Chinoiserie Cricut Cards

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Card Making, DIY Gifts

I’ve had this recent obsession with vintage patterns lately and in particular Chinoiserie.

I designed this card to satisfy this obsession but I have a feeling I’m not done.

I love the whimsical nature of Chinoiserie, the juxtaposition of hand illustrations and watercolors on a flat background. As I was making this design, I realized it’s versatility. Pretty much any color combination works.

I didn’t have time to paint my own illustrations (maybe this will be the next project) so I just used some public domain vintage illustrations from waaay back like the 1700s. I removed the background from the illustration and created a transparent PNG for the illustration layer.

These cards work best when done in 3 layers; a base card with the background color, a print and cut illustration layer, and then a frame on top.

I have to warn you, this is an advanced project. I messed up with my first try. If you look closely, the layers are not perfectly aligned and the bird’s beak is ripped. I had to go pick up my kids and just didn’t get around to making it again.

I posted this anyway because I want all my readers to not feel like they need to make everything perfectly the first time around.

As always, the templates for this project are available for free in my resource library.

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    Materials for Chinoiserie Cricut Card

    Cardstock – I used 3 types of cardstock, a color one for the base, a white cardstock for the printing and a metallic gold finish cardstock for the top frame. Here are some of my favorite brands for the cardstock I used in this project.

    GlueSpray glue is probably most effective for this but I don’t really have an area to spray so I just used a combination of glue dots and Tacky Glue.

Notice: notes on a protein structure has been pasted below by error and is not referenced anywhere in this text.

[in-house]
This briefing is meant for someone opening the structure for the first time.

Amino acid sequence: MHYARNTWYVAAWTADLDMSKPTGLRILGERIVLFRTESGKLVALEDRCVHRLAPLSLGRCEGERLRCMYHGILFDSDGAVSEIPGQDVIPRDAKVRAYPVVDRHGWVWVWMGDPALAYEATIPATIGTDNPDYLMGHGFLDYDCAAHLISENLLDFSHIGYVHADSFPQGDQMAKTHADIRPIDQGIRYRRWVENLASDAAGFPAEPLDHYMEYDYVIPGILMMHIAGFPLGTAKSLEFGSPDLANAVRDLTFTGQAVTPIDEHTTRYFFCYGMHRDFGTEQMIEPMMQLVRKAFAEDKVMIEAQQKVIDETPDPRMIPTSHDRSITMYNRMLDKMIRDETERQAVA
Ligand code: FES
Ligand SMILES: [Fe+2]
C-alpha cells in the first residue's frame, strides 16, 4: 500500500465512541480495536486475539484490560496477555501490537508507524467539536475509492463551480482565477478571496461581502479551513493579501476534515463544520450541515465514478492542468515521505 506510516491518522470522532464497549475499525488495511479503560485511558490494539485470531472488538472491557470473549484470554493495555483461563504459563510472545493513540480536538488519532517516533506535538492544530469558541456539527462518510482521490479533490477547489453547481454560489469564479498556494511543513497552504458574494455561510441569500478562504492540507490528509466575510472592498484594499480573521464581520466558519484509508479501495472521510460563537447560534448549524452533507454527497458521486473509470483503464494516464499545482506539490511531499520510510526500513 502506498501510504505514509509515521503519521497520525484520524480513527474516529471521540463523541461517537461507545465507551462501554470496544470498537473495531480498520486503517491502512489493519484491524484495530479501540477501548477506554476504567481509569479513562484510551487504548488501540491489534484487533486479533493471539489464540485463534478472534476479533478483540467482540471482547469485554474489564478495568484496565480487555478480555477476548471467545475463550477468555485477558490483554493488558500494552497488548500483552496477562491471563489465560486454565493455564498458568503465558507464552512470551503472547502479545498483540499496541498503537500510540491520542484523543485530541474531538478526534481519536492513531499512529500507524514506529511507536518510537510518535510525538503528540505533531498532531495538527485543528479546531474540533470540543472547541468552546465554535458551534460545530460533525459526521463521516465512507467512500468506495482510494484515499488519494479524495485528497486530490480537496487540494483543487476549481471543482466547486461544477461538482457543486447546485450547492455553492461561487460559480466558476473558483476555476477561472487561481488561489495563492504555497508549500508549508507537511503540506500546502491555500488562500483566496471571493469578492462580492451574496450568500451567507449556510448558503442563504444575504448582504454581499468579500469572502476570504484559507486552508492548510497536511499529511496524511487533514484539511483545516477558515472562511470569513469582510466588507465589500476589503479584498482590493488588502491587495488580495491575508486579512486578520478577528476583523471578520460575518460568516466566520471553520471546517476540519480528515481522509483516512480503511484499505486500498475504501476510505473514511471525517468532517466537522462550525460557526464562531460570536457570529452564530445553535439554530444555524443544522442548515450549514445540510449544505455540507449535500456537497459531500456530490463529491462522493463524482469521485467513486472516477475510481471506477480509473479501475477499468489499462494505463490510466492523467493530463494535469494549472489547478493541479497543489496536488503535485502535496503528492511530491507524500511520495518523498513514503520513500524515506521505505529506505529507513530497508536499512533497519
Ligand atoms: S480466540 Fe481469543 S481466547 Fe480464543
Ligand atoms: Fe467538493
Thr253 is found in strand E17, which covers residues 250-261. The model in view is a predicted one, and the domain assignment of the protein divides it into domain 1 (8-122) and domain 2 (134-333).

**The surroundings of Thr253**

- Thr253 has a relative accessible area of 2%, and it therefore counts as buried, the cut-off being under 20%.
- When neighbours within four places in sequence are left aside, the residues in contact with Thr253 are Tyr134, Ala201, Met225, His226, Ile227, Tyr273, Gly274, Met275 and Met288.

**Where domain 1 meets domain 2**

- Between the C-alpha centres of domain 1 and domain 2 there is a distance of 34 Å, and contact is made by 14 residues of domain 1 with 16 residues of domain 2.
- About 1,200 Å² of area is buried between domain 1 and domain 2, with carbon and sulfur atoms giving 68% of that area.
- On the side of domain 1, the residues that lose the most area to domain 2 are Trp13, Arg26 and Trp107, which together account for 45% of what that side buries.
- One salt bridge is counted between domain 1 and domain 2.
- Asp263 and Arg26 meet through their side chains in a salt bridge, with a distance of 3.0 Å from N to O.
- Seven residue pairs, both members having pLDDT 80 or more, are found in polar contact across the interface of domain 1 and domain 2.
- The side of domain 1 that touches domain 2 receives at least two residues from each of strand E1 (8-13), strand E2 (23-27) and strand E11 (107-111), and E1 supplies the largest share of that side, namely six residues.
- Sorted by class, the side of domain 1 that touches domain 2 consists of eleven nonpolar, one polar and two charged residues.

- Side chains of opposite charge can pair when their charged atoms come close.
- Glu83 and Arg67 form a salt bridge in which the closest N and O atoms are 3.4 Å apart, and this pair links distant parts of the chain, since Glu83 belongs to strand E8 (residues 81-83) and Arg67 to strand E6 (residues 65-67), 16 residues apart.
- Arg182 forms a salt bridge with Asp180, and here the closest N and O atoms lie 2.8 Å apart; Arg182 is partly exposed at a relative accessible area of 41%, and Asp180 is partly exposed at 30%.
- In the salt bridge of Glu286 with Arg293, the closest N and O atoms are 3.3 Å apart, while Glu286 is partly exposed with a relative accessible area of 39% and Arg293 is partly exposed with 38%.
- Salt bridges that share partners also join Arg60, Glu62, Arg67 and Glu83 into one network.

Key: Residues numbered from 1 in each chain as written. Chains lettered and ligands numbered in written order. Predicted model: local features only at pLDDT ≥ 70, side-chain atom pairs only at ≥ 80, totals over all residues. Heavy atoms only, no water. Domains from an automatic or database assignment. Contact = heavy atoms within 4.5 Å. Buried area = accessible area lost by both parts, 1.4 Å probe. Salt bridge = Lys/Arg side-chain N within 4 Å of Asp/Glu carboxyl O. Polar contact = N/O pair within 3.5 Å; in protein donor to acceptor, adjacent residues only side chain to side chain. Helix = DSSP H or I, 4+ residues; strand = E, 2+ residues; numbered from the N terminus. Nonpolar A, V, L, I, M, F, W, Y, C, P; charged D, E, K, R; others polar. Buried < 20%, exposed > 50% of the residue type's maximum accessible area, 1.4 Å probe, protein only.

Cutting Machine – I use a Cricut. Check out my recommendations for Cricut machines and accessories for beginners for more info.

    Tips for Making this Vintage Cricut Card

    The trickiest part of this whole project was gluing together all the layers. But in getting the glue on but also in aligning it on top of each other.

    First, be sure to print the illustration layer on white cardstock. Otherwise, it will be too flimsy and harder to align.

    This layer is a print and cut image within Cricut Design Space. I have already removed the background on this PNG so there is no need to “select and erase” within Cricut Design Space. Just save it as a “complex” Print and Cut image.

    Once this transparent PNG is uploaded, be sure to resize it to 5″x7″ for optimal results. Anything smaller makes it card to cut.

    I would use a fresh Light Grip mat or a less sticky Standard Grip mat.

    I would glue the illustration layer on to the base first. Use either spray or dots adhesive on the backside.

    Align the corners and then the sides first. Then press the illustration part down after the frame is aligned.

    If there are parts that are still sticking up, use a toothpick or the back of tweezers to dab glue to the underside piece by piece.

    The love a little metallic accent with vintage to add a modern touch so I made my frame in gold. Many colors work and when in doubt, just use the same color as the base.

    Good luck and let me know how it goes!

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